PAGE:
Incremental Sequence Learning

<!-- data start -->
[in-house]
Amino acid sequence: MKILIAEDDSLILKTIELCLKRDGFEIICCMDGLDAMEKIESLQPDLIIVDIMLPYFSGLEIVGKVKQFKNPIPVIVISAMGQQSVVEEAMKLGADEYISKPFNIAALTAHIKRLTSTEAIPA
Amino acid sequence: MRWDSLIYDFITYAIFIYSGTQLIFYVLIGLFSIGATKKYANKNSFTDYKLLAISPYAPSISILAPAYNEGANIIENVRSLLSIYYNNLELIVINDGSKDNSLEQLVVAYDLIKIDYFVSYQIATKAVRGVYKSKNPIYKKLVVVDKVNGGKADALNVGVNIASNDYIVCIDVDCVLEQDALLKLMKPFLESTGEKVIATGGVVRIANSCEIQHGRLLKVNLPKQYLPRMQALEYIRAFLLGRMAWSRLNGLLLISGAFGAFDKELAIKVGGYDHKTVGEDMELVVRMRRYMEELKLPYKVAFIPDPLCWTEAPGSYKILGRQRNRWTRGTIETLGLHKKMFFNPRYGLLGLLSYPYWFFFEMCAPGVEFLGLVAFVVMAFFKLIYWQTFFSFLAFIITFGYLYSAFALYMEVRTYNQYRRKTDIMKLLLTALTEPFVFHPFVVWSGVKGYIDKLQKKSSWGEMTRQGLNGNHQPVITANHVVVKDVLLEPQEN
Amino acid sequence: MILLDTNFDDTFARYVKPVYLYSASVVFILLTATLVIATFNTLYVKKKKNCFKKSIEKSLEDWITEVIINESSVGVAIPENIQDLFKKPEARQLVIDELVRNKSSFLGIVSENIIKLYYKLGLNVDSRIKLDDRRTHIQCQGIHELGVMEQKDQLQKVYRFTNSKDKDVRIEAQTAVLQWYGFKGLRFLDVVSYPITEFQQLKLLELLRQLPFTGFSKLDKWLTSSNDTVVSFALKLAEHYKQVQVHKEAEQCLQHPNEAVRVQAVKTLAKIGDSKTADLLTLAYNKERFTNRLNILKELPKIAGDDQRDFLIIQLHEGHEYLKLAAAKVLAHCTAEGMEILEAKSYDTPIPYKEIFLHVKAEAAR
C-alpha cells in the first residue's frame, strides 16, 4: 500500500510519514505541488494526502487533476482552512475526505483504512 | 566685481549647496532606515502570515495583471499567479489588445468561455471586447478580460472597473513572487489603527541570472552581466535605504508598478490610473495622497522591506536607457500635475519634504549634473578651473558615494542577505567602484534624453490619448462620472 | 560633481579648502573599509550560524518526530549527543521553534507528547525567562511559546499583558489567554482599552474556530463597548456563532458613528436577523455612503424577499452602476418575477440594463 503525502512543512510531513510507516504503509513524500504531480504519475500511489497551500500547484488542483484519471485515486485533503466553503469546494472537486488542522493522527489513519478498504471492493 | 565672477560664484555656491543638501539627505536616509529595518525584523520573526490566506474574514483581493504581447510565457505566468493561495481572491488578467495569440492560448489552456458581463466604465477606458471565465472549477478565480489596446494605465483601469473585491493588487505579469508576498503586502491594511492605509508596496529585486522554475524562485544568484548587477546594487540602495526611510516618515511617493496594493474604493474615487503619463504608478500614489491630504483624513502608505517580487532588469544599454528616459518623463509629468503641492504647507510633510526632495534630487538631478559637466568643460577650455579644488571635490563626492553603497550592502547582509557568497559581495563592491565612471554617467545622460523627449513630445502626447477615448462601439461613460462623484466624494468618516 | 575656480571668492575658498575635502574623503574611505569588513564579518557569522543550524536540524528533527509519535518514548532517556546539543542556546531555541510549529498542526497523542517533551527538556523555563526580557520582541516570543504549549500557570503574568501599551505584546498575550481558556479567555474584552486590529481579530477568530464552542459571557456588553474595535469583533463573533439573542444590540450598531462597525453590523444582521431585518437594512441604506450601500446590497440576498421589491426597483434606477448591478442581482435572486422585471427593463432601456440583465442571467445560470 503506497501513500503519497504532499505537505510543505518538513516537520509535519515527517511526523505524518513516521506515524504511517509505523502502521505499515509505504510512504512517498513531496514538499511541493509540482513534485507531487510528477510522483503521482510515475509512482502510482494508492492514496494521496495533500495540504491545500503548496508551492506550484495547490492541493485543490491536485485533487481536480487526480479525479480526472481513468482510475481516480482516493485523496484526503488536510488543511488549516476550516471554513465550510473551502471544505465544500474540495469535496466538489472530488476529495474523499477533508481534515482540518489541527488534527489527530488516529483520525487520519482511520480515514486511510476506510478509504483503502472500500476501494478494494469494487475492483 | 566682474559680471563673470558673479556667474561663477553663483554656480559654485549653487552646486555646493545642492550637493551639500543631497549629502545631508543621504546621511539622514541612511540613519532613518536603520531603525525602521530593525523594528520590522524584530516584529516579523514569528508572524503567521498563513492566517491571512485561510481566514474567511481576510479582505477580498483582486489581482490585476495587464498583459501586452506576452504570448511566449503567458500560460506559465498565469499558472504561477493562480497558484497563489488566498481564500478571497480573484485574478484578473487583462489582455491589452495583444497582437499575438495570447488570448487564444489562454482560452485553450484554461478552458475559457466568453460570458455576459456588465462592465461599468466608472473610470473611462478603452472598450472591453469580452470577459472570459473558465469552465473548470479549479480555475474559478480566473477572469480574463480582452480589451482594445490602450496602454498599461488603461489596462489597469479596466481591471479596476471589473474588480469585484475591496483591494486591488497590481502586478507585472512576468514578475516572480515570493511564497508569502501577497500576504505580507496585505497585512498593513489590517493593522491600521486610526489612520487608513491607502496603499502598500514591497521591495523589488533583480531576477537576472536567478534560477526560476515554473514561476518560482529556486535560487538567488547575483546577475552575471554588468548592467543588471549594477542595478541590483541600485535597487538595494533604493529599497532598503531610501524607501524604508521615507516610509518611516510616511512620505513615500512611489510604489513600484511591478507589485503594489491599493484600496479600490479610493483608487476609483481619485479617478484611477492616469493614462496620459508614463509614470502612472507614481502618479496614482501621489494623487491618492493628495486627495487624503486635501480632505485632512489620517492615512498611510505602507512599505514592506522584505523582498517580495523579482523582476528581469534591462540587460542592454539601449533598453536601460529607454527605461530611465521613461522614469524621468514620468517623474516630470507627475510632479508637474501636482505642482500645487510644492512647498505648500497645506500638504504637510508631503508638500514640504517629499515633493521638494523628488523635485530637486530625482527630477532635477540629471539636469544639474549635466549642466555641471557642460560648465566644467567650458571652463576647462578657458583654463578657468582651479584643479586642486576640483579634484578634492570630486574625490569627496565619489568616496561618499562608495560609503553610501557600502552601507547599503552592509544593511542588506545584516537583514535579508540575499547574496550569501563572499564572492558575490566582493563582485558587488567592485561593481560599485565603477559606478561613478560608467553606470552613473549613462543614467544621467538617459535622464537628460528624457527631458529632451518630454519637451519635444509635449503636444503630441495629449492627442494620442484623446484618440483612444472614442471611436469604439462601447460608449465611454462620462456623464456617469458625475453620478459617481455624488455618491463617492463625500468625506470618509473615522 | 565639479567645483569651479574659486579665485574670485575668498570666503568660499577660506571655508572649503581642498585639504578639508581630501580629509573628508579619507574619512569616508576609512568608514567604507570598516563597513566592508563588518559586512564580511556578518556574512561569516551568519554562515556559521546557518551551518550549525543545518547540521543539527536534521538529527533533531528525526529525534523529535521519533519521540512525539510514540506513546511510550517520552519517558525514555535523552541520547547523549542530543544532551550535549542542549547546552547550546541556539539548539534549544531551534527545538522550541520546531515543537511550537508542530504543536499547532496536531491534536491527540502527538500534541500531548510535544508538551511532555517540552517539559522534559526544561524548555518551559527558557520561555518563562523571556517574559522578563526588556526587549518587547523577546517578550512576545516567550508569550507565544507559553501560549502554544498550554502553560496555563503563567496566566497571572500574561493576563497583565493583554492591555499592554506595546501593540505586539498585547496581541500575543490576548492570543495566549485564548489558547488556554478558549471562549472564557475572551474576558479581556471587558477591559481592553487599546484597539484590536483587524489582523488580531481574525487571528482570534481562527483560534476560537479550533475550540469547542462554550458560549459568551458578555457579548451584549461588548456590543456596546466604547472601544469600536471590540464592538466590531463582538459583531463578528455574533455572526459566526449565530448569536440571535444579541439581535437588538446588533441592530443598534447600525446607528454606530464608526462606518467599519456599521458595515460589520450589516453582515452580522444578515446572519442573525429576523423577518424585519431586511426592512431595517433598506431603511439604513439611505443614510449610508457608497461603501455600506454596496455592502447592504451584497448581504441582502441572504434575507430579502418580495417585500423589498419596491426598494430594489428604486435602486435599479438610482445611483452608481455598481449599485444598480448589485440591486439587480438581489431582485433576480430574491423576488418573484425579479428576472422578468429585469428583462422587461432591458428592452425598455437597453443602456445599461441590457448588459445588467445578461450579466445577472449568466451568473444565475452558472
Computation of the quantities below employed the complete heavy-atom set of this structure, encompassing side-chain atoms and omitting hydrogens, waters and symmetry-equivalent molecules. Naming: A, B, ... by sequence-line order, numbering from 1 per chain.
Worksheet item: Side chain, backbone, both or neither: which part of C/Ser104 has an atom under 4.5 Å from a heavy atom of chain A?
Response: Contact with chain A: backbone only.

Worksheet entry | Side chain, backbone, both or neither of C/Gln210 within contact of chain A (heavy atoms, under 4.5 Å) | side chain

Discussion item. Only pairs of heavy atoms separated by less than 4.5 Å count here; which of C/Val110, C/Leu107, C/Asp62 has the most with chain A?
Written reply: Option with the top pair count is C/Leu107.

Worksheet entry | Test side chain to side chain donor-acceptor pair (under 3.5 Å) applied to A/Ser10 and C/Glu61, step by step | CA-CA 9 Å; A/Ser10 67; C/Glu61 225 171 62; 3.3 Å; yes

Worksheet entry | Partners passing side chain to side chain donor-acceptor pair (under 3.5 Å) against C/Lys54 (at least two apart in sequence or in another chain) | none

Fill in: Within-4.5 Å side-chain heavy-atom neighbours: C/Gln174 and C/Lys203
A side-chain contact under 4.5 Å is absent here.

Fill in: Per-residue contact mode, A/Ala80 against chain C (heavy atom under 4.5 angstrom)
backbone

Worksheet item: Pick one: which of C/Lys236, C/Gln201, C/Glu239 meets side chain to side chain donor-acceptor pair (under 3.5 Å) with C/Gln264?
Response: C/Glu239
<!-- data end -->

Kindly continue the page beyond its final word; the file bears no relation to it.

As linguistic competence so clearly illustrates, processing sequences of events is a fundamental aspect of human cognition. For this reason perhaps, sequence learning behavior currently attracts considerable attention in both cognitive psychology and computational theory. In typical sequence learning situations, participants are asked to react to each element of sequentially structured visual sequences of events. An important issue in this context is to determine whether essentially associative processes are sufficient to understand human performance, or whether more powerful learning mechanisms are necessary. To address this issue, we explore how well human participants and connectionist models are capable of learning sequential material that involves complex, disjoint, longdistance contingencies. We show that the popular Simple Recurrent Network model (Elman, 1990), which has otherwise been shown to account for a variety of empirical findings (Cleeremans, 1993), fails to account for human performance in several experimental situations meant to test the model’s specific predictions. In previous research (Cleeremans, 1993) briefly described in this paper, the structure of center-embedded sequential structures was manipulated to be strictly identical or probabilistically different as a function of the elements surrounding the embedding. While the SRN could only learn in the second case, human subjects were found to be insensitive to the manipulation. In the new experiment described in this paper, we tested the idea that performance benefits from “starting small effects” (Elman, 1993) by contrasting two conditions in which the training regimen was either incremental or not. Again, while the SRN is only capable of learning in the first case, human subjects were able to learn in both. We suggest an alternative model based on Maskara & Noetzel’s (1991) Auto-Associative Recurrent Network as a way to overcome the SRN model’s failure to account for the empirical findings..



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